Editorial: More to do to end our fixation with academia

In Germany, whose economy has attracted envious attention, around half of all young people go into some kind of technical education

Share

How appropriate that the new president of the National Union of Students is – for the first time ever – someone who has not been to university. In the aftermath of the financial crisis, all the talk is of rebalancing the economy, of “making things again”, of newly dynamic industries conquering global markets. Toni Pearce’s vision of a country where the scion of a family of Russell Group alumni can choose an apprenticeship with head held high – and career prospects intact – is, then, a timely one. Without the kind of vocational and technical skills that have for so long played a muted second fiddle to academic qualifications, the talk of a rebalanced Britain will remain just that.

We have a long way to go, though. The model, of course, is Germany. The German economy may now have been dragged down by the travails of the eurozone, but its performance, both before and after the financial crisis, attracted envious attention in Britain and across the world. The key is the country’s vibrant manufacturing base; and while its infrastructure, labour reforms and multitude of small companies – the much-envied mittelstand – all play a role, so does its education system.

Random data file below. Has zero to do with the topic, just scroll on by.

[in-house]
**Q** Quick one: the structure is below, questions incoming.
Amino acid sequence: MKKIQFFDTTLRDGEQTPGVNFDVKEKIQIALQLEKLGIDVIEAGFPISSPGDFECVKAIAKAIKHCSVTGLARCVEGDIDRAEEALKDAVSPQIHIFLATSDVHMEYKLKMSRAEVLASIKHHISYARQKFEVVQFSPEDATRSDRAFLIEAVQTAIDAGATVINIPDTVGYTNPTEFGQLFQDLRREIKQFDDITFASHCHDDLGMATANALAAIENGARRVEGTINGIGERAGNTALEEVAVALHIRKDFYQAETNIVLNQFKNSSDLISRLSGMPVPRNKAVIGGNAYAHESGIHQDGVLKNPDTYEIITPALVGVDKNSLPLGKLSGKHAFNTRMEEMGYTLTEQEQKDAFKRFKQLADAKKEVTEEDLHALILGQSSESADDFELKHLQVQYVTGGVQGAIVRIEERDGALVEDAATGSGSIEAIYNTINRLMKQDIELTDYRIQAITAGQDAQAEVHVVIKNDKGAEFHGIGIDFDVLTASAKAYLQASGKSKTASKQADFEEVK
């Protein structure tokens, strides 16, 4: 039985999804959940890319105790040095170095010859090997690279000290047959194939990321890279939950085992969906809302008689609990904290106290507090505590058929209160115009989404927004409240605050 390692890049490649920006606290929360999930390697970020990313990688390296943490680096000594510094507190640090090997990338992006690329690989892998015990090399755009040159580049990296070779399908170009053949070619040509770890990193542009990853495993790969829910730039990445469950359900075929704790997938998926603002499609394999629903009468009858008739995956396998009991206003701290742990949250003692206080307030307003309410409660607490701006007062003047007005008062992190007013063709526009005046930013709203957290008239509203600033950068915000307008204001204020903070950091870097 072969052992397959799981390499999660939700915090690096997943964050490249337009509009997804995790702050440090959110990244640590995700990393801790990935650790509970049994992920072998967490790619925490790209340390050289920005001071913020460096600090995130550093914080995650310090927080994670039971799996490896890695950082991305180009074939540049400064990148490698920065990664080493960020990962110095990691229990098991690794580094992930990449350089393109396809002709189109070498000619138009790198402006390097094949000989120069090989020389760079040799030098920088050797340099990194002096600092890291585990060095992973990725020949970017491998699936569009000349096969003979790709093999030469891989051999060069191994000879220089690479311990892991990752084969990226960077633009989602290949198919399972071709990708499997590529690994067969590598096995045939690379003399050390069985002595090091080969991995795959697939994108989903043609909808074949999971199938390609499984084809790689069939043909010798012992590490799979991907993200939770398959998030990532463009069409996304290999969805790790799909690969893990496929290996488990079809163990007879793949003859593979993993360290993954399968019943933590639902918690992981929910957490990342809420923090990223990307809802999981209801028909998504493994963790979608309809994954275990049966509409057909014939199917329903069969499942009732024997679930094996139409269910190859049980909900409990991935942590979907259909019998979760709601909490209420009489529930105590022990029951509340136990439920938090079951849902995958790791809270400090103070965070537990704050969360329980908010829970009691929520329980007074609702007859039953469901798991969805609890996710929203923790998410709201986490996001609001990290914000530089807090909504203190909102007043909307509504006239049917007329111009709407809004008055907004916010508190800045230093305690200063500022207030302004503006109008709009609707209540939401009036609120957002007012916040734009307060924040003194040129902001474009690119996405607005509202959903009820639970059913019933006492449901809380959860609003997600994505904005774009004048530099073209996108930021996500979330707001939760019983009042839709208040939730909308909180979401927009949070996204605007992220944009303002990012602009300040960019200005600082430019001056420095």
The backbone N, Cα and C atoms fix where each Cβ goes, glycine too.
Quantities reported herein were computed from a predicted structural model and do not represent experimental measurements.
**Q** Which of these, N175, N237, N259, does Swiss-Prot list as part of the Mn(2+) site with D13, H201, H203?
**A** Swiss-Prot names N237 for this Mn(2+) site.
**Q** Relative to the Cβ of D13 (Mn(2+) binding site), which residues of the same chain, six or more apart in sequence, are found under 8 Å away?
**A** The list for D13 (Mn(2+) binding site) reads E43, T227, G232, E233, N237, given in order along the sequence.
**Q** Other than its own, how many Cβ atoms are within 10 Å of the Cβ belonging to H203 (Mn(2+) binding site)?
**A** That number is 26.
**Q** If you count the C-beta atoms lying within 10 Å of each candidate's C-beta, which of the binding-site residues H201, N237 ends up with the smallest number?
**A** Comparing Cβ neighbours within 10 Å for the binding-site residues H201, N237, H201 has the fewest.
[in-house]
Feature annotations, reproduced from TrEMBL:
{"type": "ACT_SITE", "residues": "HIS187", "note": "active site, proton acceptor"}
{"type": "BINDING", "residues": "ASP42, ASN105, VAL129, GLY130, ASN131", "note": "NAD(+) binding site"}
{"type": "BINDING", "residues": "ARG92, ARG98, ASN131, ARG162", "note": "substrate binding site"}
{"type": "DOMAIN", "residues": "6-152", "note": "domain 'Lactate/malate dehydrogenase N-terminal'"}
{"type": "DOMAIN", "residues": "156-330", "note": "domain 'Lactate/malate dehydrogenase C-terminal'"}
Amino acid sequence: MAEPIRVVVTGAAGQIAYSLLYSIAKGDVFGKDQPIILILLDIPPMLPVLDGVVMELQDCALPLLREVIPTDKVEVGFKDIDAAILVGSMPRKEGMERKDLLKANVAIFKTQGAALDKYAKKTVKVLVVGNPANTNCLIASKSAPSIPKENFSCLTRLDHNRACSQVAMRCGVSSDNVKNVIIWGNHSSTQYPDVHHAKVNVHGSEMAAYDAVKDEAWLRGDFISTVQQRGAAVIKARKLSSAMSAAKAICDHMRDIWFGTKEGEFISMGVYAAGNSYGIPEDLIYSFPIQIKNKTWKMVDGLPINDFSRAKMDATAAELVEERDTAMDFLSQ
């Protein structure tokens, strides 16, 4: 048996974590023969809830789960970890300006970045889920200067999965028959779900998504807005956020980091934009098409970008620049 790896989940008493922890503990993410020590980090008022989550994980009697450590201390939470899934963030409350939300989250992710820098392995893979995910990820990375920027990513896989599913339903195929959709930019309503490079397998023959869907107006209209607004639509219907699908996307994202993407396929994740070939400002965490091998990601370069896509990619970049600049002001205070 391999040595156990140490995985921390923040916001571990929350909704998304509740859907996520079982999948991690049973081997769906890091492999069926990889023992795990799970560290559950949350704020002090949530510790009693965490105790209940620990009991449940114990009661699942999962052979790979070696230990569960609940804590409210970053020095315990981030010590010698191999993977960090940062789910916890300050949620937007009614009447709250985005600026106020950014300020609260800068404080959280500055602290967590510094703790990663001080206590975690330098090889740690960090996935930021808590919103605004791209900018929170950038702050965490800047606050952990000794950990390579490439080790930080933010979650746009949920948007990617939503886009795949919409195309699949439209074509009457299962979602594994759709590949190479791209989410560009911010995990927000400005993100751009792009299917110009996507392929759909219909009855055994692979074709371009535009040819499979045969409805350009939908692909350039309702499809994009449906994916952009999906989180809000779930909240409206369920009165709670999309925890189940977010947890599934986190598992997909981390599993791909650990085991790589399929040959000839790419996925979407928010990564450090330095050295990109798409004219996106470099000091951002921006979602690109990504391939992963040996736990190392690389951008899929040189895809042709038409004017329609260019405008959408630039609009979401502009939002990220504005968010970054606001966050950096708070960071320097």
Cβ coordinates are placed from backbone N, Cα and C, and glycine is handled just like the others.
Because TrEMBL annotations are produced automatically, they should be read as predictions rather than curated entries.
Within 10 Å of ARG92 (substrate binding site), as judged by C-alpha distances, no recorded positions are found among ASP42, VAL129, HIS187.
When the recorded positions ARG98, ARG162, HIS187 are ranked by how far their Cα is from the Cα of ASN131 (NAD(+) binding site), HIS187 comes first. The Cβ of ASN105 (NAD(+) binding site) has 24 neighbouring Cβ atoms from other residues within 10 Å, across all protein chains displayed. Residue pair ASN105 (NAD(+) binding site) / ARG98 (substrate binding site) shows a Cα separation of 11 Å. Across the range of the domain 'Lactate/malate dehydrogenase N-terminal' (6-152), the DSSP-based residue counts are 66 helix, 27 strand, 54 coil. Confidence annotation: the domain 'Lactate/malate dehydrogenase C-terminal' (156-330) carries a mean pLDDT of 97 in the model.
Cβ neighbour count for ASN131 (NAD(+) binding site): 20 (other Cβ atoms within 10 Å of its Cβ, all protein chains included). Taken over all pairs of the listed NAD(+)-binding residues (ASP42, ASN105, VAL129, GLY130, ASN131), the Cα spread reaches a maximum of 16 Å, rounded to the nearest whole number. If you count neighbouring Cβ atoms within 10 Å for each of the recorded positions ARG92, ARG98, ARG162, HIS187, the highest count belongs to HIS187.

The contrast with Britain could hardly be more striking. Here – where youth unemployment is rising even as employers complain that they cannot find the skills they need – fewer than one in 10 school-leavers pursue a vocational qualification and a tiny fraction enter an apprenticeship. In Germany, around half of all young people go from school into some kind of technical education, and more than 40 per cent become apprentices.

In fairness, we have made some progress. Thanks to a big push from the Coalition, apprentice numbers have rocketed. Meanwhile, a watchdog has now been appointed to whip the further education sector into shape. And another 13 “universal technical colleges” have just been approved – which means that by 2015 Britain will have 45 schools specifically designed to train technicians and engineers, from the age of 14. The mood music is also good. Only last month, Nick Clegg railed against the “second division” perception of non-academic qualifications.

Behind the heartening headlines, however, the picture is altogether more mixed. True, more than 500,000 people started apprenticeships last year, but a dwindling number of them were school-leavers. In fact, the majority were people aged 25 or older who were already in work, often with the employer offering them the apprenticeship. Nor is quality less of an issue than quantity, according a government-commissioned review. Too many schemes last mere months, rather than years, and offer little of educational value.

Further education is hardly less of a challenge. With Ofsted’s most recent review concluding that more than a third of FE colleges are not good enough, is it any wonder that technical qualifications are the poor relation? The Government is now making moves to address the situation. But the fact it ever arose says more about political priorities – and the gaps between the departments for education and for business – than all the soaring speeches put together.